The Government says the evidence is sketchy; for a sketch writer it doesn't have to be anything else. It's clear that if you want to construct a picture of deception, duplicity and legalistic chicanery, the materials are freely available and in many different colours. Day-glo, even.
Yesterday, the Tories and the Lib-Dems combined to demand a full judicial enquiry into the rush to war, and whether it was sold to us on a false prospectus.
Michael Ancram against Jack Straw. You'd think Mr Straw would win easily, there's something comfortable and amiable about Mr Ancram (of course, I don't mean that in a good way). In the event, Mr Straw failed, first by laying out the history of judicial enquiries, and then by galloping through the rest of his speech obeying the famous marginal instruction: "Argument weak: Shout." It is never for want of deftness that Mr Straw is defeated, so we can deduce that right is elsewhere.
Mr Ancram presented us with a government in full retreat from previous positions, throwing up a smokescreen of claims and counter claims, of authorised leaks, of shifting language and increasingly inoperative statements.
"I accept the Prime Minister didn't know the document he was presenting as an intelligence dossier was not an intelligence dossier ... Alastair Campbell was operating on a need-to-know basis. Obviously he didn't think the Prime Minister and the Foreign Secretary needed to know." Yes, we laughed.
If the Government tortured the intelligence to make it say something it didn't really mean - Mr Ancram concluded - how will we believe them when they want to invade Iran, or Syria or North Korea?
Sir John Stanley has been named by Private Eye as the most pompous politician in England. This is wrong. His stance, his manner, his unwavering eye, his sheer physical ugliness are too pig-like to be pompous.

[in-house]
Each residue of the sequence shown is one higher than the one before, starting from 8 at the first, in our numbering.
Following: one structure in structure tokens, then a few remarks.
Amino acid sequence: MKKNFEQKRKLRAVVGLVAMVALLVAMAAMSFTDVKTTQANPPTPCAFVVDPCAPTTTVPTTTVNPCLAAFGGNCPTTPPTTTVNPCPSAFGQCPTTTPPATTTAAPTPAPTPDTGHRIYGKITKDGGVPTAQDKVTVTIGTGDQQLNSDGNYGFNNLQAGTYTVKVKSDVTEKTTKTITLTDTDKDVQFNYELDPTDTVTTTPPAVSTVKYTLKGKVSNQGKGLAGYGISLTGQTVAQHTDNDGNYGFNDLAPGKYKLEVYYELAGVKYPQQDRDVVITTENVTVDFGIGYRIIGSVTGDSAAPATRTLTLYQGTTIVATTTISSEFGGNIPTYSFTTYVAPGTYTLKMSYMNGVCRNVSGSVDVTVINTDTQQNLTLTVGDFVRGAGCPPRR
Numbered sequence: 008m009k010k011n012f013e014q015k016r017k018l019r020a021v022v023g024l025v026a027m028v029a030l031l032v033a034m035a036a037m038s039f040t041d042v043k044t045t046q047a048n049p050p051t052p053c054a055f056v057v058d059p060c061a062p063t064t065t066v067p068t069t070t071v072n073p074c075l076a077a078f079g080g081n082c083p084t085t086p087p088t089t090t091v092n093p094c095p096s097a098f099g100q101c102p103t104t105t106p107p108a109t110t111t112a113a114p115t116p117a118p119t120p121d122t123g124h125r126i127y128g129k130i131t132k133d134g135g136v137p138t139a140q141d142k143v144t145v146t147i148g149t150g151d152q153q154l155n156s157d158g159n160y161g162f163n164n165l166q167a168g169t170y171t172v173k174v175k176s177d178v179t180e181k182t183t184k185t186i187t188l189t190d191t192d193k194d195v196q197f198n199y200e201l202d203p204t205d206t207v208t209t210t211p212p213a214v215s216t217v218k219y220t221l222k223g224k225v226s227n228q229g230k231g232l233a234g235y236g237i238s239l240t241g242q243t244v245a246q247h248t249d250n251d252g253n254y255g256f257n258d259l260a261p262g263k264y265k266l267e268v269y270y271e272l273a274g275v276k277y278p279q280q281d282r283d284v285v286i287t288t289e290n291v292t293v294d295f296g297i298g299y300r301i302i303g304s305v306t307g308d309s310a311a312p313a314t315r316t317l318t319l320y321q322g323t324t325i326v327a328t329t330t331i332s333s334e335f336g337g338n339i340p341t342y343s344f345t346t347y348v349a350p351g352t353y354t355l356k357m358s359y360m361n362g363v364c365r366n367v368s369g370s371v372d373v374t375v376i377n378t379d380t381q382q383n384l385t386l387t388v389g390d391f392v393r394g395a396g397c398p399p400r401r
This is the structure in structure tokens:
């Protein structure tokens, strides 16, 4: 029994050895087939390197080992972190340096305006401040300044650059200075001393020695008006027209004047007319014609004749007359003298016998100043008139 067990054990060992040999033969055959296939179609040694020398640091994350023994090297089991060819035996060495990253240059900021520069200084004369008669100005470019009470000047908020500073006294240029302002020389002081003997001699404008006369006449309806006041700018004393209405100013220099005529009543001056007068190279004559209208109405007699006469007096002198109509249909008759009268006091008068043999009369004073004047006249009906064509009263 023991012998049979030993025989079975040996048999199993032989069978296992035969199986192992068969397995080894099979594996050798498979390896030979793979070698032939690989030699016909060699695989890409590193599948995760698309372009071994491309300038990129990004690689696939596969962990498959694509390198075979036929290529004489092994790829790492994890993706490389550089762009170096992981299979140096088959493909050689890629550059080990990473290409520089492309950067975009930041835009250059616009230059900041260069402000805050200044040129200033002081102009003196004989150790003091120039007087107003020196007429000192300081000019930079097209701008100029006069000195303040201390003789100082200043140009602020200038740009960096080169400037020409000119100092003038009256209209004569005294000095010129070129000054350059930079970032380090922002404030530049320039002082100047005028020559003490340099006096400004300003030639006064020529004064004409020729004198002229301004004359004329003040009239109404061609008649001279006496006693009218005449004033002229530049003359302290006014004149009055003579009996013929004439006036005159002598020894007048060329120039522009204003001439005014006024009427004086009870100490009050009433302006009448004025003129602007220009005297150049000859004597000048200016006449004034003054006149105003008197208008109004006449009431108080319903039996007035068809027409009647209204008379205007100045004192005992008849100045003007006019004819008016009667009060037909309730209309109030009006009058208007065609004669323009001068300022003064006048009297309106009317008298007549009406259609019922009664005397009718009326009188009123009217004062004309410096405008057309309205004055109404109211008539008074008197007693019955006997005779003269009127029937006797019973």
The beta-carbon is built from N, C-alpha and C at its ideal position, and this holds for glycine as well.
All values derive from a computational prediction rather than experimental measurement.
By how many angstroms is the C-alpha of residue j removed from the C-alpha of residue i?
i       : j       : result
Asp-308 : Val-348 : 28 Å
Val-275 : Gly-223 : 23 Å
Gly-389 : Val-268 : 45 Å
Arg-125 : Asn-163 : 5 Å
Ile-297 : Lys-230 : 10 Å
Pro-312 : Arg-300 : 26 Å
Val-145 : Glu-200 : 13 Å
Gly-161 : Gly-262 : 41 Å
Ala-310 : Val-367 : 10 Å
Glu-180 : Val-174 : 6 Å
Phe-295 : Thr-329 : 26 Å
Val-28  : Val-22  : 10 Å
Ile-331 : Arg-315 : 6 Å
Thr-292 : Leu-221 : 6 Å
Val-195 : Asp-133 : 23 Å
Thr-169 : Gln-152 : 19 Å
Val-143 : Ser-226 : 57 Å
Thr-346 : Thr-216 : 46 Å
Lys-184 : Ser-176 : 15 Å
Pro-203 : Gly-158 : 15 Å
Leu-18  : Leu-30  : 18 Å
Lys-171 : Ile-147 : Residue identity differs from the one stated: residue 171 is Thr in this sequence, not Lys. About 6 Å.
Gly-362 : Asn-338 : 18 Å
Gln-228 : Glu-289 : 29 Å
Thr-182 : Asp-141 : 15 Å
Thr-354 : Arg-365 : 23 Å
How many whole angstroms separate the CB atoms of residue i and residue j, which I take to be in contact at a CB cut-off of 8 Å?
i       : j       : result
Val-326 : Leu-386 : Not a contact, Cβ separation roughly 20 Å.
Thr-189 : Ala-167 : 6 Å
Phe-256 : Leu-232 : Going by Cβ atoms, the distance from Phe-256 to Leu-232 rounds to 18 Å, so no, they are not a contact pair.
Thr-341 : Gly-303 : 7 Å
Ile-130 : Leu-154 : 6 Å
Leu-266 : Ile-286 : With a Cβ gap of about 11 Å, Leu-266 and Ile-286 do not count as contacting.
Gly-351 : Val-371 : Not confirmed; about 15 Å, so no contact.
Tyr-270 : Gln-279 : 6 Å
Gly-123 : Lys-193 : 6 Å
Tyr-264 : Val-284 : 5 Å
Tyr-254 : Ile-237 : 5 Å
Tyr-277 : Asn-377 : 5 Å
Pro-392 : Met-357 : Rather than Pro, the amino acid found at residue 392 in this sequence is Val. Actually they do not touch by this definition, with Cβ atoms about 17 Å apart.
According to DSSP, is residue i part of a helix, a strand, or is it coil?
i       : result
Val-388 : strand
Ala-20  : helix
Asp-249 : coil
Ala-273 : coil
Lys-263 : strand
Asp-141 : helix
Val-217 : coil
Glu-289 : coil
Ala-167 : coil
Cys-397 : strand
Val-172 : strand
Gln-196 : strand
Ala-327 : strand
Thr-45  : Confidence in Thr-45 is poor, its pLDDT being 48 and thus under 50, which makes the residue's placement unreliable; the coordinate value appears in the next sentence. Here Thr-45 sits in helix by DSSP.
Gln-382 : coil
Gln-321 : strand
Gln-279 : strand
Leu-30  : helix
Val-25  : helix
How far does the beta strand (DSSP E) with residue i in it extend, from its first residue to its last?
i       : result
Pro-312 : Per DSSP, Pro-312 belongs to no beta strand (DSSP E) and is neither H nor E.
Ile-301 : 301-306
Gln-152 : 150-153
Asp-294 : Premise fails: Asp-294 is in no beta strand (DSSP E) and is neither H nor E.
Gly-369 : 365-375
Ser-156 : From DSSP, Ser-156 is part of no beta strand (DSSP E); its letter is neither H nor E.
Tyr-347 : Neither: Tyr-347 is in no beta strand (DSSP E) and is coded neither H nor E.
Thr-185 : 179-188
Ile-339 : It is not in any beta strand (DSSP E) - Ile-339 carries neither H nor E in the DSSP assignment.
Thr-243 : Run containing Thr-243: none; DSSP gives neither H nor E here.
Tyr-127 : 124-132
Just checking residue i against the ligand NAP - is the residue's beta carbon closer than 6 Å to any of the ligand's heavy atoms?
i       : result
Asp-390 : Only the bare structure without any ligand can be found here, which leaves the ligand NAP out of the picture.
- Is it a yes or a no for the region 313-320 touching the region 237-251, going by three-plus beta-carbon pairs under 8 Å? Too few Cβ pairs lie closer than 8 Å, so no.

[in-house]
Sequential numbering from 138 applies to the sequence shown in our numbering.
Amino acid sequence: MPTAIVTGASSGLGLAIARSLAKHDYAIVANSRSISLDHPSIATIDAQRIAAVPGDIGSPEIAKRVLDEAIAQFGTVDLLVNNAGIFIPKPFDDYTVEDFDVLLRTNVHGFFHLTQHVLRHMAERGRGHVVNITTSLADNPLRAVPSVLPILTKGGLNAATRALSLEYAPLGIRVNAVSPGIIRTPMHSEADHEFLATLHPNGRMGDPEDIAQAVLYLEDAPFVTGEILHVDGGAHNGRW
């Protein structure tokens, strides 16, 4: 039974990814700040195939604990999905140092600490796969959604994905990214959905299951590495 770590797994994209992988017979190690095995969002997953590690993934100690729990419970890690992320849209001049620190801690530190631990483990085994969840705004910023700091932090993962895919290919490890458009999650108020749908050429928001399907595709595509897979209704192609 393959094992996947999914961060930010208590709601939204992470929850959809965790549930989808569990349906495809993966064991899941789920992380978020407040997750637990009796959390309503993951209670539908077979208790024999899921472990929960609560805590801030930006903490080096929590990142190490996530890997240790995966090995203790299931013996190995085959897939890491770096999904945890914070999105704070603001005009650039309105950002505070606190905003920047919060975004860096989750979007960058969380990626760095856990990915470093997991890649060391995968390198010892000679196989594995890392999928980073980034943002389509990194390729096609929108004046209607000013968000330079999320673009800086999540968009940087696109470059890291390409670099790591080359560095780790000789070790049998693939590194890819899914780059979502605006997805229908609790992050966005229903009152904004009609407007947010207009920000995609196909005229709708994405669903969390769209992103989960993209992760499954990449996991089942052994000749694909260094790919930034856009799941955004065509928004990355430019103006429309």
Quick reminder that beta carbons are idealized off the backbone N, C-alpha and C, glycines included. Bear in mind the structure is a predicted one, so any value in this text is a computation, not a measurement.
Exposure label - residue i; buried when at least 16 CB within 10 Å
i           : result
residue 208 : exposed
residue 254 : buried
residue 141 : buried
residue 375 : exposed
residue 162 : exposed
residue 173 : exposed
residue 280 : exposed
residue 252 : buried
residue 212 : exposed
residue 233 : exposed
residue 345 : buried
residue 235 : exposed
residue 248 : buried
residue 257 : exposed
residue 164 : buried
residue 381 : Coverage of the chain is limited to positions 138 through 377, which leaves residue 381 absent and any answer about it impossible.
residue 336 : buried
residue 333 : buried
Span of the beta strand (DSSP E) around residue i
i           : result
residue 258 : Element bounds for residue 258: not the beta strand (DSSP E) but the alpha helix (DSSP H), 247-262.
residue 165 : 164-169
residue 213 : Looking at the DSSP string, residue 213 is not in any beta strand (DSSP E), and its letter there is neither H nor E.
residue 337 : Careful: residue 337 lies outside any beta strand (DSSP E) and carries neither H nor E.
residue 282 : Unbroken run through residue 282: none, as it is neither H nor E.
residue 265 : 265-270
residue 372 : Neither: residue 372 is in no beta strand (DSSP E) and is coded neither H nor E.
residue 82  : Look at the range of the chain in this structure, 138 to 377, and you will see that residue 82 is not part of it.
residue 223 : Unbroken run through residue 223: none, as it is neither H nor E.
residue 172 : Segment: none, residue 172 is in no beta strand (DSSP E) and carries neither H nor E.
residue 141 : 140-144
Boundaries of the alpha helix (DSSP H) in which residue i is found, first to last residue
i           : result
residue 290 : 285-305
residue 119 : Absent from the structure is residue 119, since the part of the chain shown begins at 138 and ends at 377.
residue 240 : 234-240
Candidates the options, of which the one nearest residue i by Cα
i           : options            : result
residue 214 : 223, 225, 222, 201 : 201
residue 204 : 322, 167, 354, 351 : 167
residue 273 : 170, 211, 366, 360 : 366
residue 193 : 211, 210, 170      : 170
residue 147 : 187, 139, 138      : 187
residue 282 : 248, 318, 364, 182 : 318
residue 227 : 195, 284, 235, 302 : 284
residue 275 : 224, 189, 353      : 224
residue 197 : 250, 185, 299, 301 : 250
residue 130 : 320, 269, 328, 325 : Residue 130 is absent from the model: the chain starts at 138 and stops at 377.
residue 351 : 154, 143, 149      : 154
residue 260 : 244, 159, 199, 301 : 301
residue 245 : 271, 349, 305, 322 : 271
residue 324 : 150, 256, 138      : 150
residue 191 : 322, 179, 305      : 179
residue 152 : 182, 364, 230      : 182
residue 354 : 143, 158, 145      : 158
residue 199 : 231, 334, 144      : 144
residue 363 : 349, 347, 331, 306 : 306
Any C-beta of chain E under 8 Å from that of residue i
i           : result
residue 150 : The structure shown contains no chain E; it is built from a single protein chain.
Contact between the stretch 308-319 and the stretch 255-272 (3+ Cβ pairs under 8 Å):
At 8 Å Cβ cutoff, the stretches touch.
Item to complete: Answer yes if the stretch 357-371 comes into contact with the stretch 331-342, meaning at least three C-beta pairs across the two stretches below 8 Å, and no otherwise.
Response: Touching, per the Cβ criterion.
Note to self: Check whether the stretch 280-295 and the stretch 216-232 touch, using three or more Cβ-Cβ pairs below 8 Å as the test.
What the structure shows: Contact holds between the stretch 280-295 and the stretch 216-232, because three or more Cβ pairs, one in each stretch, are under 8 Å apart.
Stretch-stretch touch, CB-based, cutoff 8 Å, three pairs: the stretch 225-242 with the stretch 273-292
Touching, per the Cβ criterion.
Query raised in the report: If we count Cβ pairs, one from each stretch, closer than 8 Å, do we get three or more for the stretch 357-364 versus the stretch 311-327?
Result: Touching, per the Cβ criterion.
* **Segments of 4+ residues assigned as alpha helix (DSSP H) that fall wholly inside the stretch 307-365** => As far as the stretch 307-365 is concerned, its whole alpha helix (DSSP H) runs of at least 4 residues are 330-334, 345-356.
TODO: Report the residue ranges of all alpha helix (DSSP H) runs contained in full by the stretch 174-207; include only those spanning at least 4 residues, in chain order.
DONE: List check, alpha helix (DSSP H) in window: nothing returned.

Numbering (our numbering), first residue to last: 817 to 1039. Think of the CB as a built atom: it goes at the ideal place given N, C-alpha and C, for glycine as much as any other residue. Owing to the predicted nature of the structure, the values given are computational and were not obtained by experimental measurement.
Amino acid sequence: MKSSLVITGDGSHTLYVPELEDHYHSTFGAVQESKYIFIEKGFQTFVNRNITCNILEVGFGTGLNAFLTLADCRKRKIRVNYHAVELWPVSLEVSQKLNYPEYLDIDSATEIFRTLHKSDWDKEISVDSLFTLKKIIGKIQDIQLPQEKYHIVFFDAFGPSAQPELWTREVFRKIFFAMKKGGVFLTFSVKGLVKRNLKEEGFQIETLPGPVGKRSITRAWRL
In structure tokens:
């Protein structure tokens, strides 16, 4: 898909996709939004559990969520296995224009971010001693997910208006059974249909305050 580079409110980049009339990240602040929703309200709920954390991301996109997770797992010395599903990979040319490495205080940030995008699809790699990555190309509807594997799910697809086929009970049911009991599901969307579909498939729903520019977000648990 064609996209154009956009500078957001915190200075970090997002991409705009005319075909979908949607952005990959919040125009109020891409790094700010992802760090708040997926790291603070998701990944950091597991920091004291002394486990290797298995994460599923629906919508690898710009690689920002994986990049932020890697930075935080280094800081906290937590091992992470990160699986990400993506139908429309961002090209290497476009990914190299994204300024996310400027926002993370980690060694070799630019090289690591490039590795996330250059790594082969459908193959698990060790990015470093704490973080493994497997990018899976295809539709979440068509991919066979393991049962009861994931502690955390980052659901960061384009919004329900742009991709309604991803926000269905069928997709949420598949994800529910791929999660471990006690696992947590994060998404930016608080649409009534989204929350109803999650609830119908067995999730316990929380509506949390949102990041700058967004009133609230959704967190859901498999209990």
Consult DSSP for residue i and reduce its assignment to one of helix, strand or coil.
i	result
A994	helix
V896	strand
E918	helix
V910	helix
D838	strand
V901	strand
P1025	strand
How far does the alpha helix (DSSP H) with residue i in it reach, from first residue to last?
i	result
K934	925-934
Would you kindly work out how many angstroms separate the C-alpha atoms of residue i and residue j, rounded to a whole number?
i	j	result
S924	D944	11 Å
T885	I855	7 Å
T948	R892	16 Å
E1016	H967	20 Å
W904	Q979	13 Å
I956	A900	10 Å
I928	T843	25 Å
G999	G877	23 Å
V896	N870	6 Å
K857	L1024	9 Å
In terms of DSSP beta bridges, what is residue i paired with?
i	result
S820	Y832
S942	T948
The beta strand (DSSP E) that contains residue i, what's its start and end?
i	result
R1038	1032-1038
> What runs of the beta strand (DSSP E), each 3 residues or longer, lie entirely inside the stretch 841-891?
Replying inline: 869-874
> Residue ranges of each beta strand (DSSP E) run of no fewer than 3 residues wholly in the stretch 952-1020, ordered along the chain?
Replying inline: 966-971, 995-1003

He had the self-assurance to ignore me the other day when I asked him a question, so one can't help trying to get one's own back. I shall resist this impulse. So: the old tusker put in a bristling performance, and hinted at evidence taken in secret session which suggested that the forged Niger documents may yield very damaging results for the Government in the future.
Ming Campbell's speech clearly demonstrated him to be much cleverer than we'd thought he was, Alan Duncan summed up heroically, and John Maples spoke so well, so fluently and so fast that it will only be comprehensible in Hansard.
He mentioned the many indications that the 45-minute claim was overplayed and unreliable. An intelligence expert had testified to "turbulence in the machine", caused by government interference. "Why wasn't the September dossier published in March?" Mr Maples asked. "Probably because it wasn't interesting enough."
His solution wasn't a full enquiry: Let us see the drafts of the September dossier from March onwards, he asked. They will show with complete clarity the extent of No 10's involvement. It's not sketchy, but it's good.Reuse content